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The Need for New Programming Metaphors

How, then, can we effectively program a global brain, characterized as it is by unique challenges (and opportunities)? We believe a fundamental requirement is developing powerful new programming metaphors that more accurately reflect the ways people and computers can work together in the global brain. For instance, today's innovative collective intelligence systems embody a set of common design patterns,8 including collections (where people create independent items, such as YouTube videos), collaborations (where people create interdependent items, such as Linux modules), and various kinds of group and individual decisions (such as voting, averaging, social networks, and markets). These design patterns, in turn, can be embodied in various programming metaphors, such as:

  • An idea ecology: The global brain can host a constant ferment of idea generation, mutation, recombination, and selection, analogous to biological evolution. In this context, programming consists of soliciting collections of items and specifying a fitness function for choosing among them. Interesting examples of this include the MATLAB open programming contests (for software) and YouTube (for videos).
  • A web of dependencies: Many important problems (such as product, process, and policy definition) can be viewed as collaborations, where multiple diverse agents try to solve interdependent pieces of a larger problem. The global brain can detect when conflicts appear between sub-solutions, as well as guide agents toward a globally consistent result. In this context, programming includes defining the task decomposition and specifying ways of managing the interdependencies among sub-problems. Early examples of this include virtual mockups such as the digital pre-assembly system Boeing used in the design of the 777 aircraft.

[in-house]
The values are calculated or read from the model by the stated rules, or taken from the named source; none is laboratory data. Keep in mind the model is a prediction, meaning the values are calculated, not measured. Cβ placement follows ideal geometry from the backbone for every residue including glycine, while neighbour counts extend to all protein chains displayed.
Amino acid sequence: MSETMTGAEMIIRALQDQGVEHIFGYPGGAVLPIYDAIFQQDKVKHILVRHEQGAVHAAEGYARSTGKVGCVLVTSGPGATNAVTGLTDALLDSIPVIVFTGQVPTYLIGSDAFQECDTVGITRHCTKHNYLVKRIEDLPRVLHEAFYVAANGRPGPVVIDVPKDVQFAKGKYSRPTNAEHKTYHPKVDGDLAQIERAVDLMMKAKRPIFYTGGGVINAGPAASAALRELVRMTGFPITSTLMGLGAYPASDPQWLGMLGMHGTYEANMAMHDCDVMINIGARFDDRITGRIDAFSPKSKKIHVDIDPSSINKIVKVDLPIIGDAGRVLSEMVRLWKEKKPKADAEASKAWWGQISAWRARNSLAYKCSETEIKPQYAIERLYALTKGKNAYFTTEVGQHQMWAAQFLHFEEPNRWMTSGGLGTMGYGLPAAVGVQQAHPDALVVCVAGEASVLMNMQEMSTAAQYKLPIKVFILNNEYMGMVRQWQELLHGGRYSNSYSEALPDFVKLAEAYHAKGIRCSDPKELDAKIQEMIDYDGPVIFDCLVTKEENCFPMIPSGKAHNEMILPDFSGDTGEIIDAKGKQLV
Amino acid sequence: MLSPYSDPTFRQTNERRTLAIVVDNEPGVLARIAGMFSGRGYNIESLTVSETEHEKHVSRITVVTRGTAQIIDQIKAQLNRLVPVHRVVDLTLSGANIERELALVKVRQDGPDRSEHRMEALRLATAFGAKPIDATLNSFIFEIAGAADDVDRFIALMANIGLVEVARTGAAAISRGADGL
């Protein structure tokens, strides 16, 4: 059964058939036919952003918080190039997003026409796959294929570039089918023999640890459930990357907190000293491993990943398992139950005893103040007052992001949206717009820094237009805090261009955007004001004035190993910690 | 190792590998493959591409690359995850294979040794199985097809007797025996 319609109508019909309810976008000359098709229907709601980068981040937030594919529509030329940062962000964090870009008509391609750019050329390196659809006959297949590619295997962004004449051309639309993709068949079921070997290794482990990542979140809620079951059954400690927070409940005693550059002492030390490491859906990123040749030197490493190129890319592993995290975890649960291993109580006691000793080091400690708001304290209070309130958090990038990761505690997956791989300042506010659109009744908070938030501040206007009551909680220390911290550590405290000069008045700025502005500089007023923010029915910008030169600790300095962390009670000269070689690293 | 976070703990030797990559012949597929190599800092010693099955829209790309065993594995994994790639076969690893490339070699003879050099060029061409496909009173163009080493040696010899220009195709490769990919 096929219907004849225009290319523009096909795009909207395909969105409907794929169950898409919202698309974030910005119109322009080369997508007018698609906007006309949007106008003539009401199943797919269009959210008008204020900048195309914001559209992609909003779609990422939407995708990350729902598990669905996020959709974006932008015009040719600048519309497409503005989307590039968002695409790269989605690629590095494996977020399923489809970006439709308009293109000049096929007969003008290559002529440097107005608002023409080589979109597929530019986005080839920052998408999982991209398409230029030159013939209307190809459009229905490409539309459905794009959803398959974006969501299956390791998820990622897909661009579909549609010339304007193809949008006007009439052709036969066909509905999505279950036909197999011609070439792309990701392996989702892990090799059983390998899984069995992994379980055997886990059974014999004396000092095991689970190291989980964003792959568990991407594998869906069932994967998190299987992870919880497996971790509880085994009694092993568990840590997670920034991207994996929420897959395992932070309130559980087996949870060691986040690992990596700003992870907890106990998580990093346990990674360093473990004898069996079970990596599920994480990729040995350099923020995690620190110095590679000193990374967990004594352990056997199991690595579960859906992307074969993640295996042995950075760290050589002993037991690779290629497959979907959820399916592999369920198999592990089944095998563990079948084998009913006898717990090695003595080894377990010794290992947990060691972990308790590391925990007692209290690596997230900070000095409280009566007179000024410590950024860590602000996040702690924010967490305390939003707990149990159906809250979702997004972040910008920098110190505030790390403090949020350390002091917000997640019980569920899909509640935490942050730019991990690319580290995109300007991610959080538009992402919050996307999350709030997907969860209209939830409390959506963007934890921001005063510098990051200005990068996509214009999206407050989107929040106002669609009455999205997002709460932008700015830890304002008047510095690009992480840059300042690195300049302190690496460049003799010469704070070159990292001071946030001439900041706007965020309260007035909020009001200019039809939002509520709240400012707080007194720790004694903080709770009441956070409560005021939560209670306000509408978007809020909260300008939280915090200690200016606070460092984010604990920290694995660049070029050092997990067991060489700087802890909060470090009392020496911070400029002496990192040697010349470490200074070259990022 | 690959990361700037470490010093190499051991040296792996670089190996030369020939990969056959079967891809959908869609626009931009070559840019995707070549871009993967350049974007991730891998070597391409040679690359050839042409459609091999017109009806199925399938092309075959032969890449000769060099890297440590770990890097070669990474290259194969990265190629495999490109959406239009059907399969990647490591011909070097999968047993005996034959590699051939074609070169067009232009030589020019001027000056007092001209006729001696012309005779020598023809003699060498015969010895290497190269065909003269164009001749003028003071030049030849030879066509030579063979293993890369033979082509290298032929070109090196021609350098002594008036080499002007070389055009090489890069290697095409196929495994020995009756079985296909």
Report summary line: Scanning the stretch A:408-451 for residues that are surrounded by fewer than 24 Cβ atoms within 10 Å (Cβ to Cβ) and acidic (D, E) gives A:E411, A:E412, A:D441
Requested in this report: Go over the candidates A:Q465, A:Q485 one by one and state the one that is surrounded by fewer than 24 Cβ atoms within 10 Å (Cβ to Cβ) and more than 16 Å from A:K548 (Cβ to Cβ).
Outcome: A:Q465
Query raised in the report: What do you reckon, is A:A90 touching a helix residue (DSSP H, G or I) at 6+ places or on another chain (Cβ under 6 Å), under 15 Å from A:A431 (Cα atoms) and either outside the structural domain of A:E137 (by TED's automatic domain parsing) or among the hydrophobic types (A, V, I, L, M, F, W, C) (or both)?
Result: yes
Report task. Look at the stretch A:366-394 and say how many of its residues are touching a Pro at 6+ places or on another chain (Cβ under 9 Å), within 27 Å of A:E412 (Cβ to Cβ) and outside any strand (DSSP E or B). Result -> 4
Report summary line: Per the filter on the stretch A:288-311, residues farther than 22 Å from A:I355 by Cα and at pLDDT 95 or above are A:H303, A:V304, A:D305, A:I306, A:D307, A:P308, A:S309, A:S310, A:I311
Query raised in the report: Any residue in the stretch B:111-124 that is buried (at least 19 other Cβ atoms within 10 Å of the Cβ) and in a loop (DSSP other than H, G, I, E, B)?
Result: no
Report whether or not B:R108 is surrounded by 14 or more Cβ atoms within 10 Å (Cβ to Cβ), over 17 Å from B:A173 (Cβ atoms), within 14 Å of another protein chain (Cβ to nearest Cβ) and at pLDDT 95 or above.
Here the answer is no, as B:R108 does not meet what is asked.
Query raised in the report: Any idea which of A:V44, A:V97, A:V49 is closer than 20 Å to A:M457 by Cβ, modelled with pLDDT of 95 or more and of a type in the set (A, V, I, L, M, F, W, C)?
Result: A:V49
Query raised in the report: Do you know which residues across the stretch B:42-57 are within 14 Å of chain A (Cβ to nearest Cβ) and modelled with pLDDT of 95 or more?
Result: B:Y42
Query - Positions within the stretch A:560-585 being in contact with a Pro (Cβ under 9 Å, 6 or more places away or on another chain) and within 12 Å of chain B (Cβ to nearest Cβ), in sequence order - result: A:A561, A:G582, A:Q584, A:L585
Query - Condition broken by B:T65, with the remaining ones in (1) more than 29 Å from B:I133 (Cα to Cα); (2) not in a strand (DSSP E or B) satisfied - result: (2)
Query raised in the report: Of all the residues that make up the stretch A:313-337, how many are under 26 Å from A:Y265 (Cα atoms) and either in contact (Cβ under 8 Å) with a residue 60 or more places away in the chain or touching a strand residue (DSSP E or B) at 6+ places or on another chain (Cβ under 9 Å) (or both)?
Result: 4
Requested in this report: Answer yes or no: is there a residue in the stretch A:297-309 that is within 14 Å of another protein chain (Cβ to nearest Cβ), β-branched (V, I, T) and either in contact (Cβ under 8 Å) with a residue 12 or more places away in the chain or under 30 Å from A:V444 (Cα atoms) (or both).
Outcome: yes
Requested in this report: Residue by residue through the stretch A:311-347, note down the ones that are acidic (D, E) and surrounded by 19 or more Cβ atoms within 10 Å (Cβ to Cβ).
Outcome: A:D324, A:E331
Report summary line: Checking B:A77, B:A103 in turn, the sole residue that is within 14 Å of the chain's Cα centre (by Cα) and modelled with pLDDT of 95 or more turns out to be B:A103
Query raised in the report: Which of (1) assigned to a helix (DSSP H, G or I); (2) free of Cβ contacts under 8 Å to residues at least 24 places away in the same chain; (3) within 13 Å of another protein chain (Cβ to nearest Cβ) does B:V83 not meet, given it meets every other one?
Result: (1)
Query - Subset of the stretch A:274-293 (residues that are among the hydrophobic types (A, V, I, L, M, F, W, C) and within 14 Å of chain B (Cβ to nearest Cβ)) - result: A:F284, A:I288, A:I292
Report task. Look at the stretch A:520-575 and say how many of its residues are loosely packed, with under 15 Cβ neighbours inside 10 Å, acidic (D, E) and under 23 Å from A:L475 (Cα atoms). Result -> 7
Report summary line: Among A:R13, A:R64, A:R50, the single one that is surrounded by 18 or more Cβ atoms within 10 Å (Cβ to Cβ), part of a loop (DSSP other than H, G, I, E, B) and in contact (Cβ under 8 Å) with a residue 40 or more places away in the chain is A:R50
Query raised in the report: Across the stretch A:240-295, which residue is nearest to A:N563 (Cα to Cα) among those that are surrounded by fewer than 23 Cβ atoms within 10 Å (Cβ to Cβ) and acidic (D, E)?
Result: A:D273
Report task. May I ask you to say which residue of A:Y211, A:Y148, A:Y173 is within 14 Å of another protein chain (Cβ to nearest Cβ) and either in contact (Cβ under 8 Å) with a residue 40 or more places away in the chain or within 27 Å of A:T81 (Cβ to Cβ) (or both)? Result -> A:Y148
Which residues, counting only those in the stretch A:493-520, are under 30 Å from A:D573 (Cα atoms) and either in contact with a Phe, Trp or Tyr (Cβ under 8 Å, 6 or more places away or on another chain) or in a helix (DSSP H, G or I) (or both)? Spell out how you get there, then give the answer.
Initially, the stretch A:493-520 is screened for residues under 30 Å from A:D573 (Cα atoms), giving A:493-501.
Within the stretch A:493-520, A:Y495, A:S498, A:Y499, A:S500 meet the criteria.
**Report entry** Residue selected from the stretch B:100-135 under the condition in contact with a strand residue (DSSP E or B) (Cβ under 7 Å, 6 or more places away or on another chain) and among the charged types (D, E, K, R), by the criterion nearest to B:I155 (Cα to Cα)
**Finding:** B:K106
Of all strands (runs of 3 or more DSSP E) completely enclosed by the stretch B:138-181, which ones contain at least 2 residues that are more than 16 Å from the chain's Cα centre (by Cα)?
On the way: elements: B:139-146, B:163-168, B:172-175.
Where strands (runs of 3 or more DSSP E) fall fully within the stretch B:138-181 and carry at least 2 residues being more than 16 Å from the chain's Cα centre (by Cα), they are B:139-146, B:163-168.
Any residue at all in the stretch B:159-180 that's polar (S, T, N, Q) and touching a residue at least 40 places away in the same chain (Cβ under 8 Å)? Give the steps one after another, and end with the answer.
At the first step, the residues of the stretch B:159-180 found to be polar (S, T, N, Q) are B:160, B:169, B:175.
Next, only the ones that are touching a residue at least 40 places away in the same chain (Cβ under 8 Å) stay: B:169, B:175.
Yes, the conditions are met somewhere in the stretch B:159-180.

• An intellectual supply chain: For some problems, we can view the global brain as a supply chain, where a sequence of tasks and information flows among people and machines can be specified in advance. In this context, programming can be defined in terms already familiar to computer scientists as processes and dataflows. Interesting examples of this idea include the Turkit6 and Crowdforge5 systems, which have been applied to such tasks as writing and editing articles.
  • A collaborative deliberation: The global brain can also be used to enact decision processes where people and software systems select issues to consider, enumerate and critique solution alternatives, and then choose some subset of these solutions. In this context, programming can be viewed as defining the rules for identifying issues and enumerating, critiquing, and selecting solutions.